With a signed contract and deposit in hand, along with a specified delivery date, time and location, I realized that my four day round-trip was going to allow me plenty of time to explore. The suburb of Los Angeles set to host our deal was about an hour out of town, but with a vibrant city at my disposal, I decided to stay in West Hollywood and accept a longer commute to the drop-off. A decent last minute flight price and a visit to AirBnB later, I had my trip booked.

$40K in cards ready to roll.
$40K in cards ready to roll.

The Fruits of our Labors

I had to put time aside from my work and personal life to make the trip to L.A., and I was a bit stressed from my desire to see the deal work out as intended, but one step into a stunning California afternoon in mid-December was all it took to reform my resolve to have an amazing time getting this thing done.

As a sidebar, let me just remind you that Magic is unique among nerd hobbies in its’ ability to encourage travel and new experiences. Ask the Brainstorm Brewery crew how fondly they remember their time at Grand Prix Vegas last year or ask the pros how they feel about their trips to Hawaii, Japan or the time they got to rock a Pro Tour on the Queen Mary to get a sense of the potential. Sure, pro teams gather early overseas to get in a maximum of practice before a big tournament, but they’re also putting in valuable time with some of their best friends, eating, laughing and enjoying the wider world beyond the cards.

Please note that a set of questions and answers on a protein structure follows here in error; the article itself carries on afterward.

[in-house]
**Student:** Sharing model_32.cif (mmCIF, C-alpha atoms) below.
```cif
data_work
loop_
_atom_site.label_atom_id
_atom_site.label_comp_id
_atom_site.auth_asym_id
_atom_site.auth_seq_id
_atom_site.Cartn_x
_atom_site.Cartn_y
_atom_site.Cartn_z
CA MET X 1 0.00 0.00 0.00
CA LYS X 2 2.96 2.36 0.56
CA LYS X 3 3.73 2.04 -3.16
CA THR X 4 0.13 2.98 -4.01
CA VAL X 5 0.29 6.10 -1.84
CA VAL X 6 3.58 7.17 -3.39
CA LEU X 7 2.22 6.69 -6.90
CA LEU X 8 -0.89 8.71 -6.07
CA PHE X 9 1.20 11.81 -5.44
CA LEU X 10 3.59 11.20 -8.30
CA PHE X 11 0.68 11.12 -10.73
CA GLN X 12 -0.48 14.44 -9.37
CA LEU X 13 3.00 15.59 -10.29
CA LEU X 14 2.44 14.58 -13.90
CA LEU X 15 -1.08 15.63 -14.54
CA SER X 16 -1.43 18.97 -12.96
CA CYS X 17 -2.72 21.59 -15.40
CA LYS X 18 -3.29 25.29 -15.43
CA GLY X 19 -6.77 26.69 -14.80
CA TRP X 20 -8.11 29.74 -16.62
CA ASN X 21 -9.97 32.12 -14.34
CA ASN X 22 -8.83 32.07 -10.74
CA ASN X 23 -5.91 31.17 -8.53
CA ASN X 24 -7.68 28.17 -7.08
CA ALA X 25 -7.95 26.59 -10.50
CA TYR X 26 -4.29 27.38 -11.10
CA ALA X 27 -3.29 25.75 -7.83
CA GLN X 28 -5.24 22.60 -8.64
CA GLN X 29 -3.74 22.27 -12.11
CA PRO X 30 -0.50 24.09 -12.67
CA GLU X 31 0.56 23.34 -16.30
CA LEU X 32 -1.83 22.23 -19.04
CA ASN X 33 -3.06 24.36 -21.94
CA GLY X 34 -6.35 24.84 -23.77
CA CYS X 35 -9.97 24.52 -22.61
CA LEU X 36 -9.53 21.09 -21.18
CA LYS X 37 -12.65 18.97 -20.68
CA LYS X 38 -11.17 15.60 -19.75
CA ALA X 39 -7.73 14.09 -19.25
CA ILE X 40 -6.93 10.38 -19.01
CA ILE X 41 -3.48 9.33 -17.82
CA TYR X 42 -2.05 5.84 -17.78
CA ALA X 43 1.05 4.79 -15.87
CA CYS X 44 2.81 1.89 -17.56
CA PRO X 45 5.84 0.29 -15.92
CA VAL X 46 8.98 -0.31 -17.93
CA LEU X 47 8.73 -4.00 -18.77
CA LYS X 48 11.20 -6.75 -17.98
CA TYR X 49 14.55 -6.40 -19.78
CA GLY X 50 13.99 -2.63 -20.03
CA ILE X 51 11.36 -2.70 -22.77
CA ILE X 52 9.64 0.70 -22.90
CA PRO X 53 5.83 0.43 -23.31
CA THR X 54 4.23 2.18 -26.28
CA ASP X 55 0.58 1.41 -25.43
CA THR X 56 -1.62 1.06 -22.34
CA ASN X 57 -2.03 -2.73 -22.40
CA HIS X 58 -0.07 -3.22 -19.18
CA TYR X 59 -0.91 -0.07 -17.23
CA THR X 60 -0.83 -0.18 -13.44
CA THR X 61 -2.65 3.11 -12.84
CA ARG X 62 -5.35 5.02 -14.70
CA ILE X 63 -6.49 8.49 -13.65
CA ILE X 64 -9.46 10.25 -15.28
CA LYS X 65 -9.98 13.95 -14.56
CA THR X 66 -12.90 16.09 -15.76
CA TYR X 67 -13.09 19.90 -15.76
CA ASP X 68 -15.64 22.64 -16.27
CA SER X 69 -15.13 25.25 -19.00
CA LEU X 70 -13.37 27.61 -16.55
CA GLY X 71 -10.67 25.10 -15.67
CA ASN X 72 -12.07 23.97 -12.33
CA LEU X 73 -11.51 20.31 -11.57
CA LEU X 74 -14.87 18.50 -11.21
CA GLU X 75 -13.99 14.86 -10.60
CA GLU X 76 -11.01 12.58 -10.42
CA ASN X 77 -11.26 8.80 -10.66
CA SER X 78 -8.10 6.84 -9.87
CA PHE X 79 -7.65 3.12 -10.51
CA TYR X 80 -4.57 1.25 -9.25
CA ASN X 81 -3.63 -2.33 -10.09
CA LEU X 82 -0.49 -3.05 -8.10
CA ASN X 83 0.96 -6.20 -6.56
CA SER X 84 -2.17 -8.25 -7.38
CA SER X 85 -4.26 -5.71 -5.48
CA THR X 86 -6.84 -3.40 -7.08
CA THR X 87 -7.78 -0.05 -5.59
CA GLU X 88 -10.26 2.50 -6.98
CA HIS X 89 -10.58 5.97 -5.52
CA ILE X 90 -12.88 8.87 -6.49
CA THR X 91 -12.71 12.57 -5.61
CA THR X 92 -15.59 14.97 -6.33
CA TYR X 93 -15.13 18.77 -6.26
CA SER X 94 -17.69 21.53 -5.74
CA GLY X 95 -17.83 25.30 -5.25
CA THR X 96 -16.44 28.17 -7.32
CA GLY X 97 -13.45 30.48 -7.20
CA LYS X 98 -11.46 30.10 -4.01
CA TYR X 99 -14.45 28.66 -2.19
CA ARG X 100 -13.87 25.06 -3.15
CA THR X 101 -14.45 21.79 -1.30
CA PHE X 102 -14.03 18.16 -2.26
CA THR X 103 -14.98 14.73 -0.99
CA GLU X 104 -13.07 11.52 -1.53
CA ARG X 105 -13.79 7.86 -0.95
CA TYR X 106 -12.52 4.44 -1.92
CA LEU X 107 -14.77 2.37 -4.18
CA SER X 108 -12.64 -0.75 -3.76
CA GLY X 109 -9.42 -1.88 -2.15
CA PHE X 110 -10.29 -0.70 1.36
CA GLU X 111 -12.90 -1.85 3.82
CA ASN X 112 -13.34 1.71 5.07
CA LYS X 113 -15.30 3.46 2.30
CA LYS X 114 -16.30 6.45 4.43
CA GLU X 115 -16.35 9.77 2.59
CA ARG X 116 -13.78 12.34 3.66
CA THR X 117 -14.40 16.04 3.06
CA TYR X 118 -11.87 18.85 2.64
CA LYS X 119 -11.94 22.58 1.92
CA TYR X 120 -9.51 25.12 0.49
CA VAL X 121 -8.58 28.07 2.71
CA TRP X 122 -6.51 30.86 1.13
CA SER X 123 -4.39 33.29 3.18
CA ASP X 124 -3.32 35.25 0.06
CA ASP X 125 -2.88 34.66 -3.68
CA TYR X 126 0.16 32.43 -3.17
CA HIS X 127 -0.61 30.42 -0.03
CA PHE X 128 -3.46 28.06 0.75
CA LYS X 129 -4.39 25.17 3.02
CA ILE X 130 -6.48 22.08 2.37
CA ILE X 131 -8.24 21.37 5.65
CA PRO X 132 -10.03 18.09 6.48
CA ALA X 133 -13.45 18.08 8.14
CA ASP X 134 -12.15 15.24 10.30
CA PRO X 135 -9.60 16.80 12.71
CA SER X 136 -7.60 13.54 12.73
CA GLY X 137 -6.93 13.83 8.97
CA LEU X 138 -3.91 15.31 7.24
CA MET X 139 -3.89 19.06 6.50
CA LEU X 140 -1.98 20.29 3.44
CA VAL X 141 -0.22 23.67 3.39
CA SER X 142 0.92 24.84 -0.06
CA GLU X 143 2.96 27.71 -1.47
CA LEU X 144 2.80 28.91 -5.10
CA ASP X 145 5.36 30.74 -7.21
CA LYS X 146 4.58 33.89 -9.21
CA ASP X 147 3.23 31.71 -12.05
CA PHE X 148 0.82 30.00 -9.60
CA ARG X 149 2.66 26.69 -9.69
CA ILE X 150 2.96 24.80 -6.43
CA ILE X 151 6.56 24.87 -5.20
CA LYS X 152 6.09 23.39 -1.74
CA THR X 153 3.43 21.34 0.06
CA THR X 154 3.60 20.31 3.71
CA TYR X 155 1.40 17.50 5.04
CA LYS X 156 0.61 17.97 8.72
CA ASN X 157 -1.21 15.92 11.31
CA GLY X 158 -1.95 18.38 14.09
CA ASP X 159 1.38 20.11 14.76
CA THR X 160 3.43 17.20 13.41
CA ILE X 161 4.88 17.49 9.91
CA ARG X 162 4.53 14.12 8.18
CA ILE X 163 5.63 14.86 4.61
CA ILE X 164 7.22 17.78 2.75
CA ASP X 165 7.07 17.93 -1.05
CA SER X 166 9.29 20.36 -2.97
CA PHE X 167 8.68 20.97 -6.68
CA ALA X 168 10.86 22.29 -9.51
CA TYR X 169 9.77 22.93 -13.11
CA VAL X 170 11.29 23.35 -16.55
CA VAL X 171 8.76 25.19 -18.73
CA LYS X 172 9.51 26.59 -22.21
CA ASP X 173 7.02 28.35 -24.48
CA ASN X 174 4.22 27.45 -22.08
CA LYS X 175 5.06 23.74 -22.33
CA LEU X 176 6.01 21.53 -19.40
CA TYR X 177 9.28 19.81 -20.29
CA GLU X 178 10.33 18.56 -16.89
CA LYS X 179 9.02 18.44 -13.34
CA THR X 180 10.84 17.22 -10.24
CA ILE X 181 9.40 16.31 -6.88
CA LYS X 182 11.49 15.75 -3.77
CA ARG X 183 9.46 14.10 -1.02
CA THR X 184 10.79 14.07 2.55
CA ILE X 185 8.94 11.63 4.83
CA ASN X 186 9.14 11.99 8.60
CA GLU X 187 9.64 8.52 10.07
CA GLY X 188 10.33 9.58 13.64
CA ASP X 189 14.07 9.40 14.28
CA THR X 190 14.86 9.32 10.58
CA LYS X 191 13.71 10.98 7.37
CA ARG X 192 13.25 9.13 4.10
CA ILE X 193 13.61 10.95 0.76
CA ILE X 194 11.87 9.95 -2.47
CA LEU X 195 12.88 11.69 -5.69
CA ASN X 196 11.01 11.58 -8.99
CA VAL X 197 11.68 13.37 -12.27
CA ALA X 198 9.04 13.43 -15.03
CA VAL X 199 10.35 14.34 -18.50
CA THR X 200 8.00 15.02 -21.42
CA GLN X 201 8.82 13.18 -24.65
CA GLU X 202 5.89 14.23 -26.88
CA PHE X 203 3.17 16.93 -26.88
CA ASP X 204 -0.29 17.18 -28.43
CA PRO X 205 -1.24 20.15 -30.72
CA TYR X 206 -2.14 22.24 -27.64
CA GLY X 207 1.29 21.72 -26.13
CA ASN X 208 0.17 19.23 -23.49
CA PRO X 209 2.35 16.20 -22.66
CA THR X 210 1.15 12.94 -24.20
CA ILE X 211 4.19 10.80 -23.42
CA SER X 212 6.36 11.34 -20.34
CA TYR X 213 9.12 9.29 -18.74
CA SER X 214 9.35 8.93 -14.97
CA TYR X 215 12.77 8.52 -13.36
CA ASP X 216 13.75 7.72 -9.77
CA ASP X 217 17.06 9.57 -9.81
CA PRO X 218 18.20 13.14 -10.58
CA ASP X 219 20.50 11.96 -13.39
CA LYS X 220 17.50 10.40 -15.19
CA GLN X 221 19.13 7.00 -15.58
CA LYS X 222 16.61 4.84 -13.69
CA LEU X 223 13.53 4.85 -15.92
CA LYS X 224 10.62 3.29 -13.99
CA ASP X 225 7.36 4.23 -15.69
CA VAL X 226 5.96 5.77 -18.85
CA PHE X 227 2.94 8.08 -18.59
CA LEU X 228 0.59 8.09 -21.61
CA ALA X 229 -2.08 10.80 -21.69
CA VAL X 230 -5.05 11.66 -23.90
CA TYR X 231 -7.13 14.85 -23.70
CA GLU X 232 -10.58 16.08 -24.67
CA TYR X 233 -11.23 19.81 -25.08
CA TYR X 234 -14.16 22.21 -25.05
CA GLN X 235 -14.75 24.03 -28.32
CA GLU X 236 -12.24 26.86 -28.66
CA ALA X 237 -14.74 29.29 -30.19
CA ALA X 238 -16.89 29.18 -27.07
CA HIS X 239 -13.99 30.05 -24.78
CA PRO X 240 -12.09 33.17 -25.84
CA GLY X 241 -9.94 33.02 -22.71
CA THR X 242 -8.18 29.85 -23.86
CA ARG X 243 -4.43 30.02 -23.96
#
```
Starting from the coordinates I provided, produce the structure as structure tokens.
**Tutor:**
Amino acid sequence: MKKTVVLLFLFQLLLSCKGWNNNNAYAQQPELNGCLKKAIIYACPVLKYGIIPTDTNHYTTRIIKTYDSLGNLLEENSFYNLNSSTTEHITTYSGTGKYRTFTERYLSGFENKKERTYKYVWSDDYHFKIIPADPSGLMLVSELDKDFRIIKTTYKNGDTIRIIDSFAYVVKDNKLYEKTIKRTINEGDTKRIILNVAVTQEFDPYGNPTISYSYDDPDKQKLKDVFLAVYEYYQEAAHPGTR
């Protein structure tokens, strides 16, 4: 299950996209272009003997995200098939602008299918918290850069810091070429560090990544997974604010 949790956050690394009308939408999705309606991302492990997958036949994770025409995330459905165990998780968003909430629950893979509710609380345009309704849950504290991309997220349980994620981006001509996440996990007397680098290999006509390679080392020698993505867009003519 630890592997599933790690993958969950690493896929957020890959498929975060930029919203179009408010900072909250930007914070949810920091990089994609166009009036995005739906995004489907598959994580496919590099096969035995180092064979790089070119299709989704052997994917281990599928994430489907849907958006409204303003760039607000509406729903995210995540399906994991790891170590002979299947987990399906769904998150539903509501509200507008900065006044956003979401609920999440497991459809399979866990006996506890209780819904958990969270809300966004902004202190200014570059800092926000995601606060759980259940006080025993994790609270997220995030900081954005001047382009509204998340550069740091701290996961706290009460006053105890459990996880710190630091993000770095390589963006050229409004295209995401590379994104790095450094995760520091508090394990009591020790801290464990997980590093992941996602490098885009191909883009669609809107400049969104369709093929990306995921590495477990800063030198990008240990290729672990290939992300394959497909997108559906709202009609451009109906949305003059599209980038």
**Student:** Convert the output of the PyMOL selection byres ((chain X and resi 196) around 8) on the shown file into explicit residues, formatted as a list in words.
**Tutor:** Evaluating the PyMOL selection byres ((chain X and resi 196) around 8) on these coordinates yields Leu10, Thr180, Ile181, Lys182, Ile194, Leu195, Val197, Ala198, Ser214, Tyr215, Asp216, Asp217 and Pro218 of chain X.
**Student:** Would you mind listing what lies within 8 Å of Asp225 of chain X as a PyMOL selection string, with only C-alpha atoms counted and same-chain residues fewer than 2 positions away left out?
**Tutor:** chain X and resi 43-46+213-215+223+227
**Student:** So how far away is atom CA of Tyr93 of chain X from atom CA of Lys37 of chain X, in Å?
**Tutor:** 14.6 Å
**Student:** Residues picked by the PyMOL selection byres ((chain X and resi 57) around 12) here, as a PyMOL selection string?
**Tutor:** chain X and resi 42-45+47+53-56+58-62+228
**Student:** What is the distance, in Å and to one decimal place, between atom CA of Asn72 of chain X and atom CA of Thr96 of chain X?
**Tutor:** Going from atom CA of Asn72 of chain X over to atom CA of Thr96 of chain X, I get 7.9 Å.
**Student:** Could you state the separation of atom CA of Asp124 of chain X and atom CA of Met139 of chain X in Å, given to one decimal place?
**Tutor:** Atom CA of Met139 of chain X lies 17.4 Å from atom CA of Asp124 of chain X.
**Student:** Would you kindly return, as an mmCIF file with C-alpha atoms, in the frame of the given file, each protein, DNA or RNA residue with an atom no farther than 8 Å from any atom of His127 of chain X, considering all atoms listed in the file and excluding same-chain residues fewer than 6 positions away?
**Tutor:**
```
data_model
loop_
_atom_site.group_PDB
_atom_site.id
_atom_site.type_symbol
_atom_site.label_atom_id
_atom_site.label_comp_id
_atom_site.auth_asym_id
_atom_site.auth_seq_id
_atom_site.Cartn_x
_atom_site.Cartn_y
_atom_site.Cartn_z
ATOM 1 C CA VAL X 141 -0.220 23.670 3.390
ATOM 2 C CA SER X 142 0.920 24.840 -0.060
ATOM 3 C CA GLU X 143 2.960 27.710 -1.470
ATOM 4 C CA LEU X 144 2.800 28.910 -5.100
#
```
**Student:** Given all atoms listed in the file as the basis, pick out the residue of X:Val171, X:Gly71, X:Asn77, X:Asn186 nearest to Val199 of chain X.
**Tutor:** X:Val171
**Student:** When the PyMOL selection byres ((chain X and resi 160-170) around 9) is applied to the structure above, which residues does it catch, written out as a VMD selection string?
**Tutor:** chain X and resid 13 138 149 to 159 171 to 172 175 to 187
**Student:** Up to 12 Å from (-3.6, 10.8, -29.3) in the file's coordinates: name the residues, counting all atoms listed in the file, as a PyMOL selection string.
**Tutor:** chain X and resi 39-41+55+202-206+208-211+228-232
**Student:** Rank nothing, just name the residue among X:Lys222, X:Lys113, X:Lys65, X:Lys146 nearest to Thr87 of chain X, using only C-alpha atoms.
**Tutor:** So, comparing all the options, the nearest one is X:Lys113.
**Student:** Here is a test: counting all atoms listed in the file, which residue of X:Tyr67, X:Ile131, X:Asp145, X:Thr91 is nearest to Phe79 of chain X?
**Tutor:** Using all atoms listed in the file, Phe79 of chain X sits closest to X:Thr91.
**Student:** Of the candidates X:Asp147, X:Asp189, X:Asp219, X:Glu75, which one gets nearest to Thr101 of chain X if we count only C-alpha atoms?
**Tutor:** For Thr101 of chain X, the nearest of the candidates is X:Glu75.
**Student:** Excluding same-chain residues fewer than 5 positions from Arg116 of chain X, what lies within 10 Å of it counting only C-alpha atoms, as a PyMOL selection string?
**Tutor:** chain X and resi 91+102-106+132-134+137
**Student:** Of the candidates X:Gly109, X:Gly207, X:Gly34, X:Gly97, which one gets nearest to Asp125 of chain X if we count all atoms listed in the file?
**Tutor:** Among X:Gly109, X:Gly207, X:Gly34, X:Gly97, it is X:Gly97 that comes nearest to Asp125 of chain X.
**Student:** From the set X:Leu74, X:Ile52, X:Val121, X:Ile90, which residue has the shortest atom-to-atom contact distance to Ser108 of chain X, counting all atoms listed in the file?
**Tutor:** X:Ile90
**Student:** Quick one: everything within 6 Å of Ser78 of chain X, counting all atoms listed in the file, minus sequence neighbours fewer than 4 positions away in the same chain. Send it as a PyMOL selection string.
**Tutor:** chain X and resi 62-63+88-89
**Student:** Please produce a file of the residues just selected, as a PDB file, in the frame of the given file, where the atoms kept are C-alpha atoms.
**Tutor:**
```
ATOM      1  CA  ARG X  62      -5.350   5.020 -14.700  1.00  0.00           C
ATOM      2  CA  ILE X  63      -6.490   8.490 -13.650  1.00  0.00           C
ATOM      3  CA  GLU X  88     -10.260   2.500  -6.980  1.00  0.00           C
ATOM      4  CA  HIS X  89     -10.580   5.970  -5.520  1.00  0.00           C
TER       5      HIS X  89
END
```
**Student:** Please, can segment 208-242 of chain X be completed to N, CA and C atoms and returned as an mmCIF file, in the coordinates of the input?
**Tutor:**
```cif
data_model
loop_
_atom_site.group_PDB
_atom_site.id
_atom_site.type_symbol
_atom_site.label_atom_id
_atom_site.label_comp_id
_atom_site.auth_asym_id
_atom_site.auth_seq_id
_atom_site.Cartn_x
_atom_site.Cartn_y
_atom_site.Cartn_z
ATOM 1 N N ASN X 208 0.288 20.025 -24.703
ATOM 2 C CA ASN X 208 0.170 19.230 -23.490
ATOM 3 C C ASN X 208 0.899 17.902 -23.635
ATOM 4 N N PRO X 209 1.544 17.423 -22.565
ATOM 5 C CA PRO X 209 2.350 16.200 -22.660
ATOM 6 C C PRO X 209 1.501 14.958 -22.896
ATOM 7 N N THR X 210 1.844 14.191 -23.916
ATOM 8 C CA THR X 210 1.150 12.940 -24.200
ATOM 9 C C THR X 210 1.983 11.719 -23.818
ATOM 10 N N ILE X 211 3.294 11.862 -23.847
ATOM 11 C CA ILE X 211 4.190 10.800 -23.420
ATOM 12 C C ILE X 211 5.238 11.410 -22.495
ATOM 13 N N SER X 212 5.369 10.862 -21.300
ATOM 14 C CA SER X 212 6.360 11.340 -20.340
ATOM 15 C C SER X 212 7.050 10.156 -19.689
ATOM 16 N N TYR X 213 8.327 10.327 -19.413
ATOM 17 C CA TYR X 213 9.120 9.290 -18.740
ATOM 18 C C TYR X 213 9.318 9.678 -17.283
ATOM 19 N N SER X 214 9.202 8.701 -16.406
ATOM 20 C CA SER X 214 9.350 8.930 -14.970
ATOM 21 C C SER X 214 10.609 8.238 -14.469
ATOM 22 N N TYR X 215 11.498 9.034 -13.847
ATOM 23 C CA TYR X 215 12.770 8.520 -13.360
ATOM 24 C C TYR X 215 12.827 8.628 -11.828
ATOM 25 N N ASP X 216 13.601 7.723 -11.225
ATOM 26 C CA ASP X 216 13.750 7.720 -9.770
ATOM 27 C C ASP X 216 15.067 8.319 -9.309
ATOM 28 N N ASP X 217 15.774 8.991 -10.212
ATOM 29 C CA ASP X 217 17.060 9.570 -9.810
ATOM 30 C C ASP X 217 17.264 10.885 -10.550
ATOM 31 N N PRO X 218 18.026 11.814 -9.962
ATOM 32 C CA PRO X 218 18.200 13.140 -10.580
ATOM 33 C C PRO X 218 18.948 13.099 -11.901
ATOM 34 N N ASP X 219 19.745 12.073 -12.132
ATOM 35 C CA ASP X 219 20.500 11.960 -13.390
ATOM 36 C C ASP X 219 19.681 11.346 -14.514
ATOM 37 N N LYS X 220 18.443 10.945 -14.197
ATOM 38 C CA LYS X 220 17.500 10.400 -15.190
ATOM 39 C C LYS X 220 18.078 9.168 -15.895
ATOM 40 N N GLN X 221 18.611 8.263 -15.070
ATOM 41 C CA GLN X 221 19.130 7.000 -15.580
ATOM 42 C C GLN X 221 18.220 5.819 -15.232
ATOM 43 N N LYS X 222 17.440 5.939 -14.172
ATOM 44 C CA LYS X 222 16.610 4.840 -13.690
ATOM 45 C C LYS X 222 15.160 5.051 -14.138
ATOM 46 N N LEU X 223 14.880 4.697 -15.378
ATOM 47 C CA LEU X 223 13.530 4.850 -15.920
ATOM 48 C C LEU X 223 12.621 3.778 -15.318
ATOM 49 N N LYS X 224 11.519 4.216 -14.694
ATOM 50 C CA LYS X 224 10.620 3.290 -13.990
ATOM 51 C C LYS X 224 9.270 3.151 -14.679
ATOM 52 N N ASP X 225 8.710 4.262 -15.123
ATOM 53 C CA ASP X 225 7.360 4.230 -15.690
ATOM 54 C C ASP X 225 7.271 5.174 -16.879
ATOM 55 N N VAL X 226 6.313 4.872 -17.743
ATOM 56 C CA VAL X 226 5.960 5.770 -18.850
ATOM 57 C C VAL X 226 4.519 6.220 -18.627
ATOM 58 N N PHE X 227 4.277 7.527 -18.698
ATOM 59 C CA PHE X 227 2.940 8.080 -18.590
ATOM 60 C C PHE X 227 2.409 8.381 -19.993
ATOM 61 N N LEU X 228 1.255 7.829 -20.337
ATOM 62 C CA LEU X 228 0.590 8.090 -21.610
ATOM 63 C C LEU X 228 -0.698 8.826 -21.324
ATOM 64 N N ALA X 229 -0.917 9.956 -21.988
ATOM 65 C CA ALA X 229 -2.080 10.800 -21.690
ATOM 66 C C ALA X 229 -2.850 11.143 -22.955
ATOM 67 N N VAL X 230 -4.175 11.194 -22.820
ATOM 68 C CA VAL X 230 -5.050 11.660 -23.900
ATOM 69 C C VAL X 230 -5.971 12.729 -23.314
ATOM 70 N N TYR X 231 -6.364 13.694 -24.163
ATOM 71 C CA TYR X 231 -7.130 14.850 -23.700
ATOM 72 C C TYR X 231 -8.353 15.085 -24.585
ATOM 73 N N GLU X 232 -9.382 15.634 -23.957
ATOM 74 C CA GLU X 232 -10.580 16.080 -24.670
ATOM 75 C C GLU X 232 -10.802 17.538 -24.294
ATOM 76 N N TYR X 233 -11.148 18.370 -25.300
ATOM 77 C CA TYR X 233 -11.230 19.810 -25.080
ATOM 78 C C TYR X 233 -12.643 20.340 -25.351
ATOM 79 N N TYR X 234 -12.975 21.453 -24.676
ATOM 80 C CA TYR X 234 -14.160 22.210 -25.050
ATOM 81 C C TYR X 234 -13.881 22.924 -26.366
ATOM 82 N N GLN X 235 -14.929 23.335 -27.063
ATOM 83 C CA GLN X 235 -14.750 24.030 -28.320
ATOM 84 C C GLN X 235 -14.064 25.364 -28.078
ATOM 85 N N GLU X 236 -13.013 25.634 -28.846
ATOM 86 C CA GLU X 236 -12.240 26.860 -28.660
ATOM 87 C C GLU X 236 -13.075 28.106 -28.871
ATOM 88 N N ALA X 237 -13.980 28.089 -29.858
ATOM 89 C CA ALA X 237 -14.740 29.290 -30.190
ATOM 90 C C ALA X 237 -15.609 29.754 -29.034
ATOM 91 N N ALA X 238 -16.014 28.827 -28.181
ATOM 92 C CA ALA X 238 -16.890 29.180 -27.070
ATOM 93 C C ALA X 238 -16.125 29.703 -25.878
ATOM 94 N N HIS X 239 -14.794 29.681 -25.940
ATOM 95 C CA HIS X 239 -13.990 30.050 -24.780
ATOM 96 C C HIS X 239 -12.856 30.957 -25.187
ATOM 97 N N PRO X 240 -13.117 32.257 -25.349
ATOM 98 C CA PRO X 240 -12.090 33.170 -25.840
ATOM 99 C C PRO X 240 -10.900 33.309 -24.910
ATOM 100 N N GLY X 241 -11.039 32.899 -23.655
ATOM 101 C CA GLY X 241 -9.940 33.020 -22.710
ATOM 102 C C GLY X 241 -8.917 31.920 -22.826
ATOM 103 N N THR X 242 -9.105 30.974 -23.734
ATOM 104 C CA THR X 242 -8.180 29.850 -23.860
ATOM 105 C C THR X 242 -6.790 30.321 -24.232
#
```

Following in that fine tradition, I dropped off my gear and headed straight for the Tempest Freerun Academy north of LA. I’ve been a parkour practitioner for almost a decade, and Tempest is one of the best indoor training facilities on the planet, so I looked up a few contacts and enjoyed an awesome evening with some of the most friendly monkeys you could ever meet.

Tempest Freerun Academy is a great place to workout in LA.
Tempest Freerun Academy is a great place to workout in LA.


Next I checked out the events going on around the premier of The Force Awakens at the storied site of Mann’s Chinese Theatres in Hollywood. The Disney store was stocked with some figures I’d had trouble finding at home, so I scooped those out with a smile and headed over to Birch, one of the best value restaurants in Los Angeles. By any measure, from ingredient quality, to presentation to flavor, this is the spot you want to check out if you’re on the West Coast. My rabbit baklava was sublime and magic cards paid for that. After dinner I headed over to Ameoba Records, one of the last great American record stores.